NO IJ. Souree dipole length is 10 mand tbc distancc 10 the outer potenrial electrode is 39R. Model curves for the three high-resistivity equivalent rnodels shown in the figure for De (a) and 2441 Hz (b).FIRST BREAK VOL 7. NOVEMBER 1989/449 AC SOUNDING CURVES o HZ 5 2 5 2 10' 10 0 2 5 10' 2 5 10 2 2 5 10 3 Y (MI AC SOUNDING 10 3 CURVES 2441 HZ 2 3 0 . Notc that tbc apparent resisrivity curves for 2441 Hz do net asympotically approach thc value 10 Om of the bottom laycr but attain values which derend on the depth 10 the conductive bottorn layer. J . J.ll m.00 5 '00 "0 200 ro 2 1000 rs 500 " re 20 25 :>: :>: 910" <{ I ro 30 0 I rr 5 2 2 5 2 5 10 2 2 5 Y (MI Fig.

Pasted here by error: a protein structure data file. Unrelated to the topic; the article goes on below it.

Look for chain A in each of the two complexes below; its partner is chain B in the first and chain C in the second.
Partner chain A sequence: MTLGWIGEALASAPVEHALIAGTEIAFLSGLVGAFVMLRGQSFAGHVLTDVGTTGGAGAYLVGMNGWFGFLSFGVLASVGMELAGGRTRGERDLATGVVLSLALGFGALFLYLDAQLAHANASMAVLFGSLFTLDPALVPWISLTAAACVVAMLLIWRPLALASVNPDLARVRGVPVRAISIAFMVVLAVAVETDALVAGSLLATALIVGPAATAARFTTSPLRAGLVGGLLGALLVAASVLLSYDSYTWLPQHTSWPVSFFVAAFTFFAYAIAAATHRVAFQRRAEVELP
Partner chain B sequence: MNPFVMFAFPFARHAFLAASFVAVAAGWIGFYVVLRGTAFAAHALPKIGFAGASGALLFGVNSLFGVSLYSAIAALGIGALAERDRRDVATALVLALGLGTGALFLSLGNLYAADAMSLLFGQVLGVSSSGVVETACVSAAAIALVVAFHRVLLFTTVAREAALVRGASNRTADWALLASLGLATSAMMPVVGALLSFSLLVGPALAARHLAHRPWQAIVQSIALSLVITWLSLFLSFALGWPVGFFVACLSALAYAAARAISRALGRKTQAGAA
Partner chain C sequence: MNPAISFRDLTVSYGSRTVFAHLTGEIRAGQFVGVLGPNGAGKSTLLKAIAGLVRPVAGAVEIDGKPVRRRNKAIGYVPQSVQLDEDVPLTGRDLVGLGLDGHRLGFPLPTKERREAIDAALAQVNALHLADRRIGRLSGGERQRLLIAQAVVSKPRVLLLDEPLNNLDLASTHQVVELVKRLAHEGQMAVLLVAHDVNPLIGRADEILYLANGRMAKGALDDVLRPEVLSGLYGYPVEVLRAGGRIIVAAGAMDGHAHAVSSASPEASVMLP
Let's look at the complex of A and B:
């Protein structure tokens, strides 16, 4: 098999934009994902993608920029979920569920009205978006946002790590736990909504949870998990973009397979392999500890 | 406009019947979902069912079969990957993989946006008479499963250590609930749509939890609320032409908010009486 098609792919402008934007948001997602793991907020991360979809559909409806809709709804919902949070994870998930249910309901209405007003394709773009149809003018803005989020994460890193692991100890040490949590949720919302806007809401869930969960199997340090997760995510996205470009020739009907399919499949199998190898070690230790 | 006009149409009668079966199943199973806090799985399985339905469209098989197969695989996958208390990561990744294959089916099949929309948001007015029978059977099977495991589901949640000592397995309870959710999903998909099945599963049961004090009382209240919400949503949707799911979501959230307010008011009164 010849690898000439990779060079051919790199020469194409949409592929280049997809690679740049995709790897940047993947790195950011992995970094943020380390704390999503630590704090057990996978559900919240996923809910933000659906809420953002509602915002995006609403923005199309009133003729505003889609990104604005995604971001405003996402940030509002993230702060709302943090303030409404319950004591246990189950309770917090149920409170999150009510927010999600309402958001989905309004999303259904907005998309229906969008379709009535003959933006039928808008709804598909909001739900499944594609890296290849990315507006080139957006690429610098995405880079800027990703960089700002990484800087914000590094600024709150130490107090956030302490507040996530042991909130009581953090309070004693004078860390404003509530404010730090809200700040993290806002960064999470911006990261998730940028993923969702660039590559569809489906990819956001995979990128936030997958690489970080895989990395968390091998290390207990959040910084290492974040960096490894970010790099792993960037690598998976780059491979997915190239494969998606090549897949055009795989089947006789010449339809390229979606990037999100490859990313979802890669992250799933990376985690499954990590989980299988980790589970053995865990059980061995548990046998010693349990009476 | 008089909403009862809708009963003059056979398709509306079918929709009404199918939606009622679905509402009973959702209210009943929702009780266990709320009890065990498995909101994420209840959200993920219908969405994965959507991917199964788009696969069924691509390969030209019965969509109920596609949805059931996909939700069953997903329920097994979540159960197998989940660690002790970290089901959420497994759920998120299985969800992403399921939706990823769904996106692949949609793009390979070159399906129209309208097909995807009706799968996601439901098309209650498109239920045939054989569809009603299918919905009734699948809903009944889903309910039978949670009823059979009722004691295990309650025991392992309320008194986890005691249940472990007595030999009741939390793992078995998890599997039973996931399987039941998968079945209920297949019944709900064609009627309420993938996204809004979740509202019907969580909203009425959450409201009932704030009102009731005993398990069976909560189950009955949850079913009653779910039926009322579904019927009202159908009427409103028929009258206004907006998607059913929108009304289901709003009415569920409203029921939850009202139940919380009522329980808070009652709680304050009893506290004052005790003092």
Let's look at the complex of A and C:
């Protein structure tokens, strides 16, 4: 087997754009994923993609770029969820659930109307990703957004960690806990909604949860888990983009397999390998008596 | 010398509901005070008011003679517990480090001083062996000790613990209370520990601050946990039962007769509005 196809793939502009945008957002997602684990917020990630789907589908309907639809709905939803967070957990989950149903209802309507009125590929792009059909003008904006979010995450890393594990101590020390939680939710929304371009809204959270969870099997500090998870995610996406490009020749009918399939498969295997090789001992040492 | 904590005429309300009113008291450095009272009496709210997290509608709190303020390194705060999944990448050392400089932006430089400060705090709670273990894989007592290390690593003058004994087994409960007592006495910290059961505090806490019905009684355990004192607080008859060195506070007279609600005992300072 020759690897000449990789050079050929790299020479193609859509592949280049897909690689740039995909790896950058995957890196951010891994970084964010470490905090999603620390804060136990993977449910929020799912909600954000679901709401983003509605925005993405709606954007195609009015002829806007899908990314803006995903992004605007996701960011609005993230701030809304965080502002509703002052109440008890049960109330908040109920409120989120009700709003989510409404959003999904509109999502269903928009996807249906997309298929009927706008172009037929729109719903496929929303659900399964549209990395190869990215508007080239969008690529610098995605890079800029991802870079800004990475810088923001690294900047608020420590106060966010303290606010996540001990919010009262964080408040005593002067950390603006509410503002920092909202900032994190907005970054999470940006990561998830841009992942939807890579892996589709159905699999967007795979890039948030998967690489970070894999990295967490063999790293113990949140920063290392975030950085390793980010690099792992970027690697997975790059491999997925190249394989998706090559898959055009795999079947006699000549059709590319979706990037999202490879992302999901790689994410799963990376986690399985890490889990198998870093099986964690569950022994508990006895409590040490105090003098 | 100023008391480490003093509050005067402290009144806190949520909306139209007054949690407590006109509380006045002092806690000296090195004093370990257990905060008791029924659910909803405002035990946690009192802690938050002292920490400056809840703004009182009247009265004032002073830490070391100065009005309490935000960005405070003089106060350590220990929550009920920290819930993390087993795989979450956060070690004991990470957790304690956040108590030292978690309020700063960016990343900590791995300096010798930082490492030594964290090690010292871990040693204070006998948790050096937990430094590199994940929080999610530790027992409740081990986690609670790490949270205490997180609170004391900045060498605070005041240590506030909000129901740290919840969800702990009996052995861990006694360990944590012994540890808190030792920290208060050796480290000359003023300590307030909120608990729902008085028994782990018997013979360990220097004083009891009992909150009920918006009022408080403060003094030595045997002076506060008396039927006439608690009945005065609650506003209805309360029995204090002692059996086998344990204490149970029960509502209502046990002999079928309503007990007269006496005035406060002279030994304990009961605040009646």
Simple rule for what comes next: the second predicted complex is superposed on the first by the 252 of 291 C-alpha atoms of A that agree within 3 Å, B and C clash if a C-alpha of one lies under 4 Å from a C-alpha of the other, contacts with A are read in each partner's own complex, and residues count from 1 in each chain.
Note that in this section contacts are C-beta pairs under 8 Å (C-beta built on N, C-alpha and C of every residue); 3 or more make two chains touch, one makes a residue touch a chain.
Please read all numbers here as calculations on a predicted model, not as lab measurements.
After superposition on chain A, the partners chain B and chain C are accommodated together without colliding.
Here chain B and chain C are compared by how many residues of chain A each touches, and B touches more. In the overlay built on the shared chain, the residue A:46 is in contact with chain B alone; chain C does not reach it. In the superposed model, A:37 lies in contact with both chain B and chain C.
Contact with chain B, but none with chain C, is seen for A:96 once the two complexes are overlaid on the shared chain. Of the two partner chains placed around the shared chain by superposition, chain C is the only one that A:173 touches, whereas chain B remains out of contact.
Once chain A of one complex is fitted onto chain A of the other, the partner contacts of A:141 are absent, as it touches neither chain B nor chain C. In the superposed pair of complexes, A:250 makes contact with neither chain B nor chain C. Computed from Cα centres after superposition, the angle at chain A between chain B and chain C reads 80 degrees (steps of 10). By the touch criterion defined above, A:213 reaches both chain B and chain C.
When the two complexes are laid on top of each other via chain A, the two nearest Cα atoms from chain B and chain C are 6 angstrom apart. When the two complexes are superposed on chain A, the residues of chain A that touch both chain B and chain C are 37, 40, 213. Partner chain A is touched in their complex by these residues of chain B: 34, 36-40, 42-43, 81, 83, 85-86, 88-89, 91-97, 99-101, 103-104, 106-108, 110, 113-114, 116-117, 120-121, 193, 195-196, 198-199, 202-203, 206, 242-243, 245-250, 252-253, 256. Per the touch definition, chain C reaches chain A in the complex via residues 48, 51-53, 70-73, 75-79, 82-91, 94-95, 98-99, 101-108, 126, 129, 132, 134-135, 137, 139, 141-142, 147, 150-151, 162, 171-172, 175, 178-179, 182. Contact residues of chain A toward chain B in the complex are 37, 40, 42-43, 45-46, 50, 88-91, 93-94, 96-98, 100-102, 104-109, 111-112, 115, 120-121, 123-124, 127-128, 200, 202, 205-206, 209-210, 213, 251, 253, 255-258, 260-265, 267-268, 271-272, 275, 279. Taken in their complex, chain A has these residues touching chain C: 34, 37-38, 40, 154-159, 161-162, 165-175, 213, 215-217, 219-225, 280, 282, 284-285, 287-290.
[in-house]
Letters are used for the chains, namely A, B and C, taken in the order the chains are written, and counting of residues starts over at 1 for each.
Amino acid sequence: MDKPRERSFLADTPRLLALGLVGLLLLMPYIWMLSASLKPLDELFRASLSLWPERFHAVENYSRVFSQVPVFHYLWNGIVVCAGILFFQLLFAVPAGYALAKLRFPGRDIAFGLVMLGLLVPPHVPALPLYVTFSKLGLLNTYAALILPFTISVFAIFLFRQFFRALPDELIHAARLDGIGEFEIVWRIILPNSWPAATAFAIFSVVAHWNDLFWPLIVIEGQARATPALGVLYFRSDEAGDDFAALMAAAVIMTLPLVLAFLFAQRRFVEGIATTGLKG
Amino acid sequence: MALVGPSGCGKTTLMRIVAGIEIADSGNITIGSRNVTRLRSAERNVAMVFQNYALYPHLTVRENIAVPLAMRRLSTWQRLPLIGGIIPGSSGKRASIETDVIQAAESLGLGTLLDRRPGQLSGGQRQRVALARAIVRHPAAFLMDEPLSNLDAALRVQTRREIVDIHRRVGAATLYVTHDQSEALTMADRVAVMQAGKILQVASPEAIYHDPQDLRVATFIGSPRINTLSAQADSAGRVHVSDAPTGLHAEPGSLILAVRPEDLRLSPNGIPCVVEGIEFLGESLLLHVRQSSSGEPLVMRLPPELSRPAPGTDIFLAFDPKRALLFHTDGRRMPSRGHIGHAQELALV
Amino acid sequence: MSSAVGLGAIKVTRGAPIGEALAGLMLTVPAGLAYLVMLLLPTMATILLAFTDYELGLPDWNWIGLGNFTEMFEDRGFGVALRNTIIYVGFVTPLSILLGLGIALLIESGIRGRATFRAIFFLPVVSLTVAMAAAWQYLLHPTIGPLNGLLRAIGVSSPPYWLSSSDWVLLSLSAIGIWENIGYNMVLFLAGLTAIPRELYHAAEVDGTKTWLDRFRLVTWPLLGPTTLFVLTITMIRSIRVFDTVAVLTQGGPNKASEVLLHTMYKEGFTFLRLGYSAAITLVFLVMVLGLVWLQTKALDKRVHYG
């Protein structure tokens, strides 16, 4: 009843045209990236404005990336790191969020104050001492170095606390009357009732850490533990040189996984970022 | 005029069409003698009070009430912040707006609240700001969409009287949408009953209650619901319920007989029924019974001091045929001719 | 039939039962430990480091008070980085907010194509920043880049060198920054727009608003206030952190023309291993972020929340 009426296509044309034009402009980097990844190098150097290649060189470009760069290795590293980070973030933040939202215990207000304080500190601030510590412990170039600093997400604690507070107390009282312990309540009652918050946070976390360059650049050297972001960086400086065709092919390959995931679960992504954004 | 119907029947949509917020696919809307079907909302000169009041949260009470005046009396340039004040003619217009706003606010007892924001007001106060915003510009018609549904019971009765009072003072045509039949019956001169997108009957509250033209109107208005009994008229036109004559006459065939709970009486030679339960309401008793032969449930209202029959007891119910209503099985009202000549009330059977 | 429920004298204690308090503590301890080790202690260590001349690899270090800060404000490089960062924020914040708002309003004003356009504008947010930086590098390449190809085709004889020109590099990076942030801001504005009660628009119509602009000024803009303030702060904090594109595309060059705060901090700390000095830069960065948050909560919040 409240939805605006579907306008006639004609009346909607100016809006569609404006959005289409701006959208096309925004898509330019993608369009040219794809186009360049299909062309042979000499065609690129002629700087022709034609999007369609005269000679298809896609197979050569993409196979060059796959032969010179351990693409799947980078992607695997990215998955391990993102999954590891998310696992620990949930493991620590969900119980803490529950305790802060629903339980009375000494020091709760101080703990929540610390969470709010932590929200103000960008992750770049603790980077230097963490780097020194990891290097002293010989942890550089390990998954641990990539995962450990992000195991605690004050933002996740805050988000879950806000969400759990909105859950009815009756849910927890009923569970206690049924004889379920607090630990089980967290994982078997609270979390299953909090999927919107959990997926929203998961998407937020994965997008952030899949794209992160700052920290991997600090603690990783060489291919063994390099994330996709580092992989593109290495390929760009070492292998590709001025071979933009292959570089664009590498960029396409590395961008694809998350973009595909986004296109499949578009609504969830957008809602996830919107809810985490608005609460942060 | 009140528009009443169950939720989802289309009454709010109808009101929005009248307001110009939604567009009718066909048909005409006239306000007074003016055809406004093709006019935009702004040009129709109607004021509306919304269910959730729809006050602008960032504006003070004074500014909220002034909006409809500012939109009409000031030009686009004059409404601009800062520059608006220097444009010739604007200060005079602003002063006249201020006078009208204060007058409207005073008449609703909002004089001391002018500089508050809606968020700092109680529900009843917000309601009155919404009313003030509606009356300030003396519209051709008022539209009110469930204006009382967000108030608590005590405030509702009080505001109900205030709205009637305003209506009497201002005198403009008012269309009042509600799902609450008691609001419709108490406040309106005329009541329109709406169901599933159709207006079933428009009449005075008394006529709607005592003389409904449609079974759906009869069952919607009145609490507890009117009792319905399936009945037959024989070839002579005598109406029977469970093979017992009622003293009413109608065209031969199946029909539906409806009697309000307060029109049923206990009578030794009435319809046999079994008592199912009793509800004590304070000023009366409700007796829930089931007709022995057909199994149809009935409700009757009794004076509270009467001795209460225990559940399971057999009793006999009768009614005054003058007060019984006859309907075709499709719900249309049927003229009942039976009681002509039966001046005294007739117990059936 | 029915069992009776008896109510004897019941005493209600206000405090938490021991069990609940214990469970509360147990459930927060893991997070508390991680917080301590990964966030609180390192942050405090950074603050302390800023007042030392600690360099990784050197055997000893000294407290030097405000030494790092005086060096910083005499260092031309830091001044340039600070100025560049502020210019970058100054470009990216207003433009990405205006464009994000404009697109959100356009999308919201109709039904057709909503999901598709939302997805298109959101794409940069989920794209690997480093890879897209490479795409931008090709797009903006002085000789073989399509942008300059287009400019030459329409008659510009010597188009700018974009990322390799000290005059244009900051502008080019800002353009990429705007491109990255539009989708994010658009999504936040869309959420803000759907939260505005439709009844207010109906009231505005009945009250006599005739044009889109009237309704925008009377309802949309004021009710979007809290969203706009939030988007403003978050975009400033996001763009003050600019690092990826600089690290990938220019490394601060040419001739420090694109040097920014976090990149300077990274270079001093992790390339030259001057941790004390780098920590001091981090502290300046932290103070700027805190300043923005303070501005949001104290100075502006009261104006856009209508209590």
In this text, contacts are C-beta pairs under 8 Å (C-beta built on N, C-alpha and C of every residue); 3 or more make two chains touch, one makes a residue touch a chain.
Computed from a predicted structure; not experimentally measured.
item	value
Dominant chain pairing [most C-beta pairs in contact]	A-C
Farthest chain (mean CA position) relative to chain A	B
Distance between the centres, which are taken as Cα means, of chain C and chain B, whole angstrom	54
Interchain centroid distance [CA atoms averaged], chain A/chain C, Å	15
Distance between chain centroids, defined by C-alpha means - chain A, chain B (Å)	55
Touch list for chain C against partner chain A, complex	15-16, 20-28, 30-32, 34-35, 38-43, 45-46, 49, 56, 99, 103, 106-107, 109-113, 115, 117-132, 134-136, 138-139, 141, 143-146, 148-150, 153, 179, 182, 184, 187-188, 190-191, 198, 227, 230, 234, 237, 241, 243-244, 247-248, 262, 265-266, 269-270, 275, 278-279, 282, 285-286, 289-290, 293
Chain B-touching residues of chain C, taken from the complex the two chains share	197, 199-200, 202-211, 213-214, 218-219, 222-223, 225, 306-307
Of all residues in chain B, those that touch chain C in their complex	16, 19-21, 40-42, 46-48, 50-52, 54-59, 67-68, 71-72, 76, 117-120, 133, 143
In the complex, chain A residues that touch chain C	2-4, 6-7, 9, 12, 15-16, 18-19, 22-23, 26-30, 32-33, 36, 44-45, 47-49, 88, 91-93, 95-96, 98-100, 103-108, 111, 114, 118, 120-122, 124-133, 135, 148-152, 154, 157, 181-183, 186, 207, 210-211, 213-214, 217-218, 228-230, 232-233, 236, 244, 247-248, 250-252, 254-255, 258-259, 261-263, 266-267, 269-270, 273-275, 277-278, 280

models with more than three layers do not make a better fit to the data and are not geologically relevant. The inductive contribution to the measurements of the AC resistivity sounding method makes it possible to find the depth to a good conductor. However. The main asset of the method is that it is a combined one which in the same measuring procedure gives both galvanic and inductive information.03 1. The varianee of the model parameters of one of the three-Iayer mode Is in Fig.29 1. though there are discrepancies in certain parts of the curves. The second layer is dry sand and gravel. OS 00 1. but a value of 1. The coefficients of anisotropy of the first and second layer are unity.20 1. which is comparable to DC. For hydrogeologicaI surveys the method will be effective in the location and depth estimation of salt-water fronts.11 thick1 thick2 10 m 10 m 1. 4 (a) together with an analysis of the uncertainty of the model parameters (b).03 1.10 1.04 1. Coefficients of anisotropy have been fixed at a value of 1. The parameters of the second layer are totally undetermined as is the depth to the bottom layer.51 00 1. 1979. 17 km N of Aarhus. In prospecting for raw materials the method will be weil suited for finding and estimating the volume of dry sand and gravel deposits. It is seen that the DC curves do not differ appreciably from one another while the 2441 Hz curves separate nicely for large electrode spacings.31 to 199. and a full AC sounding with the three standard frequencies.02 1. there is a very cIear high-resistivity equivalence. i. However. and a full AC sounding using three standard frequencies. The linear analysis of variances may be used to demonstrate what is al ready indicated by the apparent resistivity curves.02 1. 29 \.001. The ability of the AC resistivity sounding method to resolve the high resistivity equivalence problem may be shown in different ways.e.11 is found for the bottom layer. An ordinary DC sounding leaves the parameters of the second layer totally undetermined while the addition of just one higher frequency resolves the parameters of the second layer. . 09 \.51 00 1. Since the second layer is of the same thickness as the top layer. exhibits very cIearly the expected high-resistivity equivalence. a DC sounding with one higher frequency of 2441 Hz. which do not show up independently in the apparent resistivity curve but which make the third layer macro-anisotropic. Figure 4 also shows an analysis on the basis of the 76 Hz frequency alone. 3 with a high resistivity equivalent second layer is shown in Table 1 for th ree different cases: a DC sounding. This may be due to thin layers of sand and gravel embedded in the till. 76 Hz oe oe 2441 Hz 2441 Hz 9765 Hz rhol rho2 rho3 ~ ~ ~ ~ ~ ~ ~ 100 ohm m 1000 ohm m 10 ohm m I. thus resolving the well-known highresistivity equivalence of the DC soundings. while the bottom layer is also interpreted as cIayey till. Figure 3 shows apparent re sistivity curves for the three equivalent mode Is for the DC case (a) and for a freq uency of 2441 Hz (b). they are excluded from the analysis. Table 1. NO 11.11 m away. Example The following example is from Sperring.00 with an uncertainty factor of 1.04 Conclusion The AC resistivity sounding method is an efficient new prospecting method for general geological investigation of the topmost 100 metres of the earth. which covers most of the area.53 m with a density of 10 per decade and with a data error of 3%. An analysis of the uncertainty of the model parameters of one of the three layer models of Figure 3 in three different cases: a DC sounding. NOVEMBER 1989 may be treated in the inversion scheme thus making possible so-called 'elastic bounds' on the parameters (Jackson 1978. Jacobsen 1982). The three-Iayer model shown is in good agreement with the measurements. The covariance matrix of the least-squares problem is used for estimating the uncertainty of the model parameters when a certain data error is assumed. The top layer is interpreted as cIayey till.450IFIRST BREAK VOL 7.04 1. This sounding demonstrates the ability of the AC sounding method to resolve the high-resistivity equivalence of dry sand and gravellayers and to determine their depth extent. 10 depthl depth2 10 m 20 m 1. The measured data with the model curves and the physical model resulting from the interpretation are shown in Fig.12 1. a combination of a DC sounding and one higher frequency of 2441 Hz. The outer potential electrode is 398. This low frequency. It has been assumed th at measurements were made in the interval from 6. where AC soundings were made in prospecting for sand and gravel. on the basis of all three frequencies all model parameters are resolved. which in Denmark are of ten overlain and underlain by cIays of high conductivity. The use of all three standard frequencies gives a very good determination of the model parameters. The discrepancies must be attributed to near-surface inhomogeneities.